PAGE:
Looks like big brother beats little brother up again. I like how the announcers were all mystified that the Czechs had "awakened" or whatever, and couldn't figure out the reason why. Dude, notice that it happened after they fired Vokoun? Players do better when they're not worried that their goalie isn't going to be able to stop an unscreened shot from the blueline.
Thank you, Canada, for scoring two softies on him, and making his bad play impossible to ignore and getting him fired. I hope his level of play stays that way for the rest of the season. :P (I actually like Vokoun and think he's a very good goaltender, but he's just not playing well right now for whatever reason. Maybe Nashville wore him out. Maybe Detroit traumatized him. *shrugs*)
I had tentative confidence in the Czechs because they seem to do well against the Slovaks for some reason. They interviewed Demitra after the first period and he was talking about how the guys were playing "afraid" and totally different from how they'd played so far. It's like the certain teams doing well against others in the NHL phenomenon, but on an international scale.
Oh, Nabby, Nabby, Nabby.
Thank goodness he signed that contract extension before the Olympics. :P
I'm very happy with how he's played so far; he's exceeded my expectations, but not wildly. He's been solid, made quite a few key saves, hasn't had to deal with his team abandoning him defensively, and had quite a bit of luck, too.
If the game had gone to a shootout, and Nabby had been fucking brilliant, I would want my money back.
Of course now analysts are going to be all "ooh" and "ahh" at his GAA and how he's all wonderful and how he's a surprise, and totally overhype him and stuff. Which I will roll my eyes at in a smugly superior manner!
Ray Ferraro was predicting a Czech Republic/Russia gold medal game and that would kill me. I'd be like that cartoon bear that's trying to run in two directions at the same time. Even today when I was excited about Ovechkin's goal, right after that I saw Bertuzzi coming out of the box and I was like, shit, they're going to blame him for that one. And like, Nabby stoned Joe Thornton!!! And a bit later, aww, Nabby stoned Joe Thornton.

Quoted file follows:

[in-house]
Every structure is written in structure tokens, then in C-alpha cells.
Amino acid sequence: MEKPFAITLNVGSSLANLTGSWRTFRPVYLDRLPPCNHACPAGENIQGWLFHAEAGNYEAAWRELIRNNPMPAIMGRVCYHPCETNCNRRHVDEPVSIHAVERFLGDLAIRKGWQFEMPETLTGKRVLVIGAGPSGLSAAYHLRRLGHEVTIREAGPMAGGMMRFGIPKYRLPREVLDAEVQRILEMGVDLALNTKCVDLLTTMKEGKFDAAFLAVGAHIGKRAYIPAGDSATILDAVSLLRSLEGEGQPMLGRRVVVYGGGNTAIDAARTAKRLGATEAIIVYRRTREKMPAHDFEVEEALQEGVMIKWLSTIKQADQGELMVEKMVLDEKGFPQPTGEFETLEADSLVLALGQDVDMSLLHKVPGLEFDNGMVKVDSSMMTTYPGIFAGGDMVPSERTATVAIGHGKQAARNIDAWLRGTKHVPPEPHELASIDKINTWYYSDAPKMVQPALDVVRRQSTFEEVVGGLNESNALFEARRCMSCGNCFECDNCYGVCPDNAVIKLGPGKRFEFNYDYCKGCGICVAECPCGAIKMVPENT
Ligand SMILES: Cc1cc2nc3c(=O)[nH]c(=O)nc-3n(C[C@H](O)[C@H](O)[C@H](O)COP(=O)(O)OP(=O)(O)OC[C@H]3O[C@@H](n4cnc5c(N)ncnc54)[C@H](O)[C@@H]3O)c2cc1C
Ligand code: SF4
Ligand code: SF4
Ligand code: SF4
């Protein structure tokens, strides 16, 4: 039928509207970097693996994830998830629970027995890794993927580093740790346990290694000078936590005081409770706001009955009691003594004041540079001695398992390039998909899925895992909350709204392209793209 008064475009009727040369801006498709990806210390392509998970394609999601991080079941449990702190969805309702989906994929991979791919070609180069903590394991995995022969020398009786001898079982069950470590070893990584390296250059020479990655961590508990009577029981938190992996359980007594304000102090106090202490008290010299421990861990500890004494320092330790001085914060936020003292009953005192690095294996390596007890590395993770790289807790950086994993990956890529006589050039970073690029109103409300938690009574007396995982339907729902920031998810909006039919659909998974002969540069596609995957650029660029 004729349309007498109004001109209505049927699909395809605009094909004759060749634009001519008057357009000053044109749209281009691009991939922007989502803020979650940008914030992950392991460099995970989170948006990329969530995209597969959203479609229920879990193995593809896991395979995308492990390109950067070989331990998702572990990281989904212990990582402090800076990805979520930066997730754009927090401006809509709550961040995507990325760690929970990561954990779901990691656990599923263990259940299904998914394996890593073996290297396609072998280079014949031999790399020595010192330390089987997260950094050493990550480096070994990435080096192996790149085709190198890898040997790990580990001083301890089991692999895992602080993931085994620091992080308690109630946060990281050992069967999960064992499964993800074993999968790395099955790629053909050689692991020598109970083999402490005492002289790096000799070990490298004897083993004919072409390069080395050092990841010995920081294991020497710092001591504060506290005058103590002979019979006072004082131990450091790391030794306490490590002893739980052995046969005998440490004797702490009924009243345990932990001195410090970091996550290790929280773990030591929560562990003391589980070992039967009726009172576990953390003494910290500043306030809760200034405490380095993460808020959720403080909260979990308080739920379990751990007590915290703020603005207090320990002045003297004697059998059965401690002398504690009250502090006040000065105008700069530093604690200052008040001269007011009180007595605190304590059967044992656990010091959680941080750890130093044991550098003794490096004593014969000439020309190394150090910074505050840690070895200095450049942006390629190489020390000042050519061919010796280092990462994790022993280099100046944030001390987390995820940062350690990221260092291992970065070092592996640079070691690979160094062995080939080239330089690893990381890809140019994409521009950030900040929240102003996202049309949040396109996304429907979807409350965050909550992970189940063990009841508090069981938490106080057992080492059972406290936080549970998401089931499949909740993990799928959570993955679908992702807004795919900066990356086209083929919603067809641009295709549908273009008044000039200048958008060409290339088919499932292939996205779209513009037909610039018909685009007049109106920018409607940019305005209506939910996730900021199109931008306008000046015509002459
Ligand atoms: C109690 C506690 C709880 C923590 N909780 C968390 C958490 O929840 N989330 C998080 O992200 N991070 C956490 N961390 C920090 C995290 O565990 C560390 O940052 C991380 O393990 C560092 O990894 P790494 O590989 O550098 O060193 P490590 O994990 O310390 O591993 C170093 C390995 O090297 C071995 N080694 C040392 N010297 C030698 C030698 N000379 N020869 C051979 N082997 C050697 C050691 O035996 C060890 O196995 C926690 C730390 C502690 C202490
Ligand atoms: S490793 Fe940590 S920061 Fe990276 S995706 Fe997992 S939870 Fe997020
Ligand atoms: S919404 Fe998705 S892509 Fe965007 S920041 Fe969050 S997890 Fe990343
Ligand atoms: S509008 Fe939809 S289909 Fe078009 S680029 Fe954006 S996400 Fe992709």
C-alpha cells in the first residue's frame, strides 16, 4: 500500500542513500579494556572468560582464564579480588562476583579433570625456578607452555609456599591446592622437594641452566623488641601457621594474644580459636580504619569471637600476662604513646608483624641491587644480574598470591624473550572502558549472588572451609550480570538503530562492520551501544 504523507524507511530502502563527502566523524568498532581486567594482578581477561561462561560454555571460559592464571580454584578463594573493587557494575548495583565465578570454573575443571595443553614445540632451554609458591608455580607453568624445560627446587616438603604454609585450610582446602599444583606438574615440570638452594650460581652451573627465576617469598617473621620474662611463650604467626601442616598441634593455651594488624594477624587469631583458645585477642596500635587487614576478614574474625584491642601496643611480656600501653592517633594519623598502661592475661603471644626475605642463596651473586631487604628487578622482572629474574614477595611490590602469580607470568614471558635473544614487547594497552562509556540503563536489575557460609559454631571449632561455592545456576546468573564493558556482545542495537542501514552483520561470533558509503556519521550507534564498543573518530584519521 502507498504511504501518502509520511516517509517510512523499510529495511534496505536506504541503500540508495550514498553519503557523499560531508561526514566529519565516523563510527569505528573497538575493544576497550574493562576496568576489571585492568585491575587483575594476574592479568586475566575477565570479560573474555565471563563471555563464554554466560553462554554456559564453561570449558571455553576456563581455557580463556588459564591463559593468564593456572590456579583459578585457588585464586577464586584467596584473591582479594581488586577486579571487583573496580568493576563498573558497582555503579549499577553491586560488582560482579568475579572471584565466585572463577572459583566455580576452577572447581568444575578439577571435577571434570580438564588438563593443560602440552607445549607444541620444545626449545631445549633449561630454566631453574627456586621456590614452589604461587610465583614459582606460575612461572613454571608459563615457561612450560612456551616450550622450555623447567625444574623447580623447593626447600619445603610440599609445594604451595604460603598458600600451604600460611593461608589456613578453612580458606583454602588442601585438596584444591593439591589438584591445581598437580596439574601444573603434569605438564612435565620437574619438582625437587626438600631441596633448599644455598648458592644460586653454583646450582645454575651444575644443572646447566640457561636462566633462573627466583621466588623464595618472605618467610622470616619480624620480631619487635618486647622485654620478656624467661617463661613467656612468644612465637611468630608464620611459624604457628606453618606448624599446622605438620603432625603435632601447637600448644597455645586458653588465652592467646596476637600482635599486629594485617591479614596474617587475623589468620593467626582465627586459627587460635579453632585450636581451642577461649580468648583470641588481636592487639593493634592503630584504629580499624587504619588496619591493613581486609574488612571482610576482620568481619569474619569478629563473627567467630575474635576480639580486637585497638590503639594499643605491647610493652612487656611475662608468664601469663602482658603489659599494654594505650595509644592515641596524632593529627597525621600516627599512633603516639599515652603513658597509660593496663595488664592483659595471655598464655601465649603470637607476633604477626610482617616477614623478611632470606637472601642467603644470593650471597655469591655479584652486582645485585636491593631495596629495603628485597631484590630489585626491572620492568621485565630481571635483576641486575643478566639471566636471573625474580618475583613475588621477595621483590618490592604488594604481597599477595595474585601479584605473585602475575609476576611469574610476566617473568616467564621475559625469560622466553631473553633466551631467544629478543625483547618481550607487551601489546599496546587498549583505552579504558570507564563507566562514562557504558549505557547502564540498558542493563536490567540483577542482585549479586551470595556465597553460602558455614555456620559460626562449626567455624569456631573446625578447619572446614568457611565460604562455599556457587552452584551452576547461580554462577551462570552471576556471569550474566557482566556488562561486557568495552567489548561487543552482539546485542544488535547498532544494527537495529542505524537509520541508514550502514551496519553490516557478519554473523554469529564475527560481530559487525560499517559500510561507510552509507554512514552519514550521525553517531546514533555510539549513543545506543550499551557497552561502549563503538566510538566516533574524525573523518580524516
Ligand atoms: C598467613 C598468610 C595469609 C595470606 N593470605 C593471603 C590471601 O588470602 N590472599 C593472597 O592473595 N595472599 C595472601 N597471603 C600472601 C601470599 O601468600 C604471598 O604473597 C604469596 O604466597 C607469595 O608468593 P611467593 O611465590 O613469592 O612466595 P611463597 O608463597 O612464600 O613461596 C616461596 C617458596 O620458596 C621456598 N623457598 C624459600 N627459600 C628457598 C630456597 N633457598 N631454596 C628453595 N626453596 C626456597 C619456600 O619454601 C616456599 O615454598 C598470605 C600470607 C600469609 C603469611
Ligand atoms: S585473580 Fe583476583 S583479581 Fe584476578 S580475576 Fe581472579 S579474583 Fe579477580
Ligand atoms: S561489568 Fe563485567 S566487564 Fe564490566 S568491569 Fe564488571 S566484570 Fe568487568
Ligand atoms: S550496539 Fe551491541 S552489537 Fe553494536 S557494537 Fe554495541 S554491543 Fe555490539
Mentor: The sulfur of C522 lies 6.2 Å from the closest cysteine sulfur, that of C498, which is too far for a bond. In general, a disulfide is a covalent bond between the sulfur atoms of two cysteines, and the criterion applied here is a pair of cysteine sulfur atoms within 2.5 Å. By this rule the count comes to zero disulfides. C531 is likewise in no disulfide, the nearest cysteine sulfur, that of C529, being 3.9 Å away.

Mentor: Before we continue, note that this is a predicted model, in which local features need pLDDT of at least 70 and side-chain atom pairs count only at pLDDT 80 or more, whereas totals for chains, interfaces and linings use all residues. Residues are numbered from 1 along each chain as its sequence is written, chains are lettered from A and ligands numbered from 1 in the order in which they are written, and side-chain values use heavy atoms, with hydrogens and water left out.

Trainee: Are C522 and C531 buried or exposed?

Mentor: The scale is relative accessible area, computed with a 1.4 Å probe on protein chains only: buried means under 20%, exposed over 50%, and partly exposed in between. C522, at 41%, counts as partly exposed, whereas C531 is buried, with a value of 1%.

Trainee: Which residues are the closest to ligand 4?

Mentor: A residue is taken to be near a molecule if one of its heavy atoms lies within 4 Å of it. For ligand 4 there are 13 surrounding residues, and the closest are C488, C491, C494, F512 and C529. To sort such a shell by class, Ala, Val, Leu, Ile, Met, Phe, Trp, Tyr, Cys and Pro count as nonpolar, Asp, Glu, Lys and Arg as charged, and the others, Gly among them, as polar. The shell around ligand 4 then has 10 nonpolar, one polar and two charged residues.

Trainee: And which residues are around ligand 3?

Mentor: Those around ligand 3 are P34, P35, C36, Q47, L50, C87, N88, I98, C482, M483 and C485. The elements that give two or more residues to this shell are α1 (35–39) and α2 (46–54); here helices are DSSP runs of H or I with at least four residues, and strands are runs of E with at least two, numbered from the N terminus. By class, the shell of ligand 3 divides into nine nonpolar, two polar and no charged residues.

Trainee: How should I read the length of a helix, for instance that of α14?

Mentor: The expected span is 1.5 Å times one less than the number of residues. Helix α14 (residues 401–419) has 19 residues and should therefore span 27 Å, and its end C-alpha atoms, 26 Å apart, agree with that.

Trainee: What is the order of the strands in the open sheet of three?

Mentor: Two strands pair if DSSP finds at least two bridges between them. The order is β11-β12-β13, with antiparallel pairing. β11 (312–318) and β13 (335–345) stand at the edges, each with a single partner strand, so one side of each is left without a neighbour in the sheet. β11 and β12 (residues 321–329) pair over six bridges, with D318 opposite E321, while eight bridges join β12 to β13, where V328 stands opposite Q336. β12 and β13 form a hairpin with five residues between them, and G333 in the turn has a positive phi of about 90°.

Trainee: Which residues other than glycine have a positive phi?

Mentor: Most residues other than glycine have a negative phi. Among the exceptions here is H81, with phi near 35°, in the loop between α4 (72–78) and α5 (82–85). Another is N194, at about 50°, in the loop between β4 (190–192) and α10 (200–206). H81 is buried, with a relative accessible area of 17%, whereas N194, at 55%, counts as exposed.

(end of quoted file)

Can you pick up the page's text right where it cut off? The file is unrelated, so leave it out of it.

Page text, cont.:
I'm worried about Finland, though. IMO, they're the team that's looked the best so far. Nittymaki is not Brodeur, but he doesn't need to be, and he's very solid. Finnish defense has been the best I've seen so far, and that Selanne/Koivu/Lehtinen line is crazy good. All three players are fantastic and working well together.
Ovechkin and Kovalchuk are "make things happen" kinds of players, and they'll need to be on to beat the Finns. *hopes* I want to see Nabby come back with a medal. :P And then he can sit on the bench with his medal for like, 3 games or so, and them come back and play, hee!
An article that fills me with pride! :D
Nabokov the best goaltender on the best team at the Olympics
BY ANN KILLION
Knight Ridder Newspapers
TURIN, Italy - Evgeni Nabokov picked one heck of a time to get hot.
After struggling through the first half of the NHL season with the San Jose Sharks, Nabokov is suddenly the best goaltender in the world's most high-profile hockey tournament.
And you know what that means?
That when he comes back to San Jose he may be wearing a gold medal.
Hot goalies lead to gold in the Olympics. And Nabokov is molto caldo. Led by his stellar play in goal, Russia felled the Goliath of this tournament, shutting out mighty Canada and causing an entire nation to mourn.